|Upstart||Two active loans at a time||$50,000|
|Sofi||Two active loans at a time||$100,000|
|Laurel Road||No limit|
When to take out multiple loans at the same time
While it’s never a good idea to overextend yourself with debt, there are times when taking out a second loan might make sense:
- Emergency expenses. Even with the best of planning, things happen. Borrowing extra cash for necessities like home or car repairs may be necessary to avoid additional problems and stress. Loans also have lower rates than credit cards.
- First loan was too small. Getting a second loan may be a good option if you underestimated the expense you funded with the first loan — like borrowing $10,000 for a kitchen renovation that costs $15,000. In this case, also consider a personal line of credit to avoid under-borrowing again.
- To refinance a loan. When interest rates fall, taking out a second personal loan can make financial sense if you use the funds to pay down the higher interest first loan or pay off your credit cards.
Can having multiple loans affect my credit?
Multiple active loans can hurt your credit in the short term but improve your credit after you’ve paid down your accounts. Here’s why it can negatively affect your credit:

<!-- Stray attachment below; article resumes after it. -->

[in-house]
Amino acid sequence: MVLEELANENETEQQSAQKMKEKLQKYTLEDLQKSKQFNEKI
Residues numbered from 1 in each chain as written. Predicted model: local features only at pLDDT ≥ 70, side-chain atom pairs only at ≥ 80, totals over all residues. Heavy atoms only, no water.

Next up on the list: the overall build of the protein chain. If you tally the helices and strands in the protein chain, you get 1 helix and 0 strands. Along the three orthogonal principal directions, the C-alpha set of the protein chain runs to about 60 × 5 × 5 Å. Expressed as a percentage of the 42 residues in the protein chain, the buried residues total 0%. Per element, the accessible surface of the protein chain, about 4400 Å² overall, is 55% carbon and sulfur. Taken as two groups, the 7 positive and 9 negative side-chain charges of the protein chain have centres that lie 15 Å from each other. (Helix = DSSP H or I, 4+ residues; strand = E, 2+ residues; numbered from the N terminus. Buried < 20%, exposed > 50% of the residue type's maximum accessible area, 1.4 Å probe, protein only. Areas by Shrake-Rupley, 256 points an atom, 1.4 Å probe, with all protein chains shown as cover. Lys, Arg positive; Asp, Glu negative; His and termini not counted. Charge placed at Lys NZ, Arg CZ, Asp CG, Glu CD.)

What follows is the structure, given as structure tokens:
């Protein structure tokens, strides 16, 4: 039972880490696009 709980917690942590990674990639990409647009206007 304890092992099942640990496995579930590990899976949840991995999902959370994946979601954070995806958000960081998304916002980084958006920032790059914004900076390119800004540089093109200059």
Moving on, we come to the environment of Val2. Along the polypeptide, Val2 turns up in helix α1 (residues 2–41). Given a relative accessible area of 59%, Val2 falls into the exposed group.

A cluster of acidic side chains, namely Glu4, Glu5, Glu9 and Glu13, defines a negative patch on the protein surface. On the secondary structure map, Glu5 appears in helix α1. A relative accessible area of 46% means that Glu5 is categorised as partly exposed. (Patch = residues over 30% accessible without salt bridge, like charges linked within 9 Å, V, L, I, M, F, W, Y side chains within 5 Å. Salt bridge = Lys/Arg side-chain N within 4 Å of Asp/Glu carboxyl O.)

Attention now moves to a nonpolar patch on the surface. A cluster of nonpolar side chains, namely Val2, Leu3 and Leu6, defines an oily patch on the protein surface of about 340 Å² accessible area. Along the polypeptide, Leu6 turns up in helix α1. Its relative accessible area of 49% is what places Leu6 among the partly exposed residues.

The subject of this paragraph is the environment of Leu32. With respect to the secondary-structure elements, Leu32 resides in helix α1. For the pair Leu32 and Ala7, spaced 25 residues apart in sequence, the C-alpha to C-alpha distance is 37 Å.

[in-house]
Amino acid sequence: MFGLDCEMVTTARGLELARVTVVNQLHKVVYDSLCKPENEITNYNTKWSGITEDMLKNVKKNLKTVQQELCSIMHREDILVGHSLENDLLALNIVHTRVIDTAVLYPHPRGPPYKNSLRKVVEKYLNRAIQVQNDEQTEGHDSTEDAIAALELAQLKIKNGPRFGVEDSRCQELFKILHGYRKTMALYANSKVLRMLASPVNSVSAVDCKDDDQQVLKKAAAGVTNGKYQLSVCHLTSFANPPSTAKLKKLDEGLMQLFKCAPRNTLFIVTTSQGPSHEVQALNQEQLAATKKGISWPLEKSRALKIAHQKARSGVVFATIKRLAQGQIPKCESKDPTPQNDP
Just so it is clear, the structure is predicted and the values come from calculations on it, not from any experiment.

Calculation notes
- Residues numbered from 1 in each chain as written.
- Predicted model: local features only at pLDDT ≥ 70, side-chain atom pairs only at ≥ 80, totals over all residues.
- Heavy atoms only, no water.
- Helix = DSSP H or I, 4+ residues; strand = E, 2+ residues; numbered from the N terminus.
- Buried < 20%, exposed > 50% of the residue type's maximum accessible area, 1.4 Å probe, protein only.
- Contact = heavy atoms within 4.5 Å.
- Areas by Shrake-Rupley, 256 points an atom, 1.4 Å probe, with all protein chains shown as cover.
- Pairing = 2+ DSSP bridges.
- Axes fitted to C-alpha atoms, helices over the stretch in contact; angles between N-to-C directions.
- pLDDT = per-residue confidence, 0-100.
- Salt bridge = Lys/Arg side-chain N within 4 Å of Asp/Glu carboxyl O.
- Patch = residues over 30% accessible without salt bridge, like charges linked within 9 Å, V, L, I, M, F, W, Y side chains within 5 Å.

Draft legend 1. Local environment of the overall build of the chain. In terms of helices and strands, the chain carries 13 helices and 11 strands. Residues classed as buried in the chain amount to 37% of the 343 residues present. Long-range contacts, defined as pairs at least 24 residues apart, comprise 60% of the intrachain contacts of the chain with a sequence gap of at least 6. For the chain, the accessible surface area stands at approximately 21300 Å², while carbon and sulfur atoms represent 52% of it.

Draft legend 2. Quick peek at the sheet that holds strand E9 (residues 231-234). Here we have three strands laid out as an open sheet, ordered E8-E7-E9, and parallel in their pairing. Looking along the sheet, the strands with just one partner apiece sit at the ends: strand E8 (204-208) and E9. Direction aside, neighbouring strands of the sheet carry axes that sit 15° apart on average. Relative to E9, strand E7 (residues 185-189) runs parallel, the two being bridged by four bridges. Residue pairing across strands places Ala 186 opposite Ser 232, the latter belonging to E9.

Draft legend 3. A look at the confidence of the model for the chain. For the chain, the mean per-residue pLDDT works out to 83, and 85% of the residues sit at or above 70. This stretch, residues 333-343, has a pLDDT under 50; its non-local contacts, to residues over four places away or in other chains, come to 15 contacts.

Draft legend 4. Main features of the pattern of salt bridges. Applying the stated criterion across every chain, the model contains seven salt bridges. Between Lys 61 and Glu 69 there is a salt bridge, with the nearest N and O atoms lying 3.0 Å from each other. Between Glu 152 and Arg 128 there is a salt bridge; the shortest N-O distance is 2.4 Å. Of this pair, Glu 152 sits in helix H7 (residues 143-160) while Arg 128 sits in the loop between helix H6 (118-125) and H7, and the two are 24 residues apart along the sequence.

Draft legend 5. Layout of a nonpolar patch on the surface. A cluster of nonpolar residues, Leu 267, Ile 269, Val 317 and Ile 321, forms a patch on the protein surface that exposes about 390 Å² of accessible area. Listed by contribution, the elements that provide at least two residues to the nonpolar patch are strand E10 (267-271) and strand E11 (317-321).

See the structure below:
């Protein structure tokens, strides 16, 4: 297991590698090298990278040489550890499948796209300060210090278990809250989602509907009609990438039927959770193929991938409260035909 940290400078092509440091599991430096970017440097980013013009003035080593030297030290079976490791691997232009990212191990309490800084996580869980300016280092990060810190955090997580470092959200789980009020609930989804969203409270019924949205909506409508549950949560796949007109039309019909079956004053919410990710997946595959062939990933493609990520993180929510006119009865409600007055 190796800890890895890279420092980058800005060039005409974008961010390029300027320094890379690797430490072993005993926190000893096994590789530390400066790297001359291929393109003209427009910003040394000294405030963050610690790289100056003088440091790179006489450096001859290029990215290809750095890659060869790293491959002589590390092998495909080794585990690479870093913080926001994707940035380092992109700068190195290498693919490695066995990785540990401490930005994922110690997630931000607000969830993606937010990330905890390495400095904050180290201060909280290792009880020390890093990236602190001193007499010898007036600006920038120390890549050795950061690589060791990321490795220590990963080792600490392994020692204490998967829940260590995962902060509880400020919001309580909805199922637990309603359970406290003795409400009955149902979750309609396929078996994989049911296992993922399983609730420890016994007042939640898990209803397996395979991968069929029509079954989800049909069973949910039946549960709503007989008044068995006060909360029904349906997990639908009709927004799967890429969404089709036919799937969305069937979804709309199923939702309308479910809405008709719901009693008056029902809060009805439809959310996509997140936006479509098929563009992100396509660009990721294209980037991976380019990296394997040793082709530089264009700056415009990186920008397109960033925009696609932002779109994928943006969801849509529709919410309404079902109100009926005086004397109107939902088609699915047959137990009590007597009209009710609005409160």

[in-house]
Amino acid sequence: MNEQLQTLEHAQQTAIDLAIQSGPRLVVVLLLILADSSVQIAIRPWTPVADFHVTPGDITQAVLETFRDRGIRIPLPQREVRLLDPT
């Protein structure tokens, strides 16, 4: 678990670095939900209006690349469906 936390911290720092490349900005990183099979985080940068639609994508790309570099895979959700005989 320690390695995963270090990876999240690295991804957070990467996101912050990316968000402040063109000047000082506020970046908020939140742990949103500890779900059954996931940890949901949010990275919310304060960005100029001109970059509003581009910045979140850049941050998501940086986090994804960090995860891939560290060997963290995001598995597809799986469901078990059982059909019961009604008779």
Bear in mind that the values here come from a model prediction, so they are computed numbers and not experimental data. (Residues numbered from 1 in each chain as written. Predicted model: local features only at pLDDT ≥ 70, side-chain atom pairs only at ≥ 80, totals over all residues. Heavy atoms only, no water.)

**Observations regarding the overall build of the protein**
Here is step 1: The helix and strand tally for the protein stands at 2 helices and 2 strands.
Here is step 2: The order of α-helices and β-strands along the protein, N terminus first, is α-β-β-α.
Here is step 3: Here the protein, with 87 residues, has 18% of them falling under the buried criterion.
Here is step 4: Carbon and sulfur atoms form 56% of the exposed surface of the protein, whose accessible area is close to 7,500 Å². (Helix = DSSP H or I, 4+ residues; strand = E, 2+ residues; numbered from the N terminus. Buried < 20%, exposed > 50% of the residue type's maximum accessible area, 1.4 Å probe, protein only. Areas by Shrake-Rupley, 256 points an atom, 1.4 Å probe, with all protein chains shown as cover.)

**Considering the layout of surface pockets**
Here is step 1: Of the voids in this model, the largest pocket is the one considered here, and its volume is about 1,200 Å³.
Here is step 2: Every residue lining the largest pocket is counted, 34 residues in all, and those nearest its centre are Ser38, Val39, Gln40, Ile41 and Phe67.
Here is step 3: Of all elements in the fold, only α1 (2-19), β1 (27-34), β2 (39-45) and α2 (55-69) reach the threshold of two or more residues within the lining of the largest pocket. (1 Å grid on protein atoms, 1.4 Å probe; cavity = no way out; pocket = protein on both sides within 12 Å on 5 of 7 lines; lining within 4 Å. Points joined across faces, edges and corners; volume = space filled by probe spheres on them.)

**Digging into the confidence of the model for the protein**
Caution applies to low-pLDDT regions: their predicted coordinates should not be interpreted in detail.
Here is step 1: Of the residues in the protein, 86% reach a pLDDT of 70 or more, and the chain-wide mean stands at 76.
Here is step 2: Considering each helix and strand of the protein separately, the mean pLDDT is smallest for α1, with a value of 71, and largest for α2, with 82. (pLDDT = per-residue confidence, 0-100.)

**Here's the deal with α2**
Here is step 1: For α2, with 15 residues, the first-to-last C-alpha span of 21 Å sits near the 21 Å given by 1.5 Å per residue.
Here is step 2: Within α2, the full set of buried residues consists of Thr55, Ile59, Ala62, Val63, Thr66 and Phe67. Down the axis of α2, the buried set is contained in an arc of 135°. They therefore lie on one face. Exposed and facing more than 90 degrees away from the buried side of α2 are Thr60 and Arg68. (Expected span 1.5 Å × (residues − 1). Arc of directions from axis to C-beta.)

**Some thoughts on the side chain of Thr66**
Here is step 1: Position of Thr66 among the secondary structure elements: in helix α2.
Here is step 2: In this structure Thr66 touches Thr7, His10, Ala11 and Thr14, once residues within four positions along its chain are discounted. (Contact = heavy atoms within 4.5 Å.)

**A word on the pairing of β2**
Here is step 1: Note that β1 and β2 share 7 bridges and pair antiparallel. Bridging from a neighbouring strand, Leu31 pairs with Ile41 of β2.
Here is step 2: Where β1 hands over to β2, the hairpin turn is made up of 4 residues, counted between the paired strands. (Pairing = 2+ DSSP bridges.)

- Increased credit utilization. Taking on more debt increases your credit utilization ratio, which accounts for 30% of your overall score. More debt can lower your credit score until it’s paid down.
- Hard credit checks. These stay on your credit report for a few years. One or two won’t make a huge difference to your credit, but having more than that in a few months will. Lenders will also consider this a red flag and it could affect your ability to get approved.
- Risk of missing payments. Adding to your monthly bills can increase your risk of missing a payment, which will hurt your credit score. Payment history makes up 35% of your credit score.
If you pay down your loans on time, then it can improve your credit score by adding to your history of on-time payments. Using a loan to consolidate your debt can also improve your credit score immediately by helping you pay down your debt more quickly with lower rates and fixed monthly payments.
How to apply for multiple loans at the same time
You can apply for multiple loans at the same time, but it’s not always wise. Applying for multiple loans at the same time could hurt your credit score, since each completed application involves a hard credit check.
But if you’ve decided it makes financial sense to get a second loan, here are four steps you can take to increase your chances of approval:
- Check your credit report first. There’s a chance that your credit report contains mistakes that could hurt your credit score. If you notice anything off, contact the financial institution involved and the credit bureau to have it fixed before you apply for a personal loan.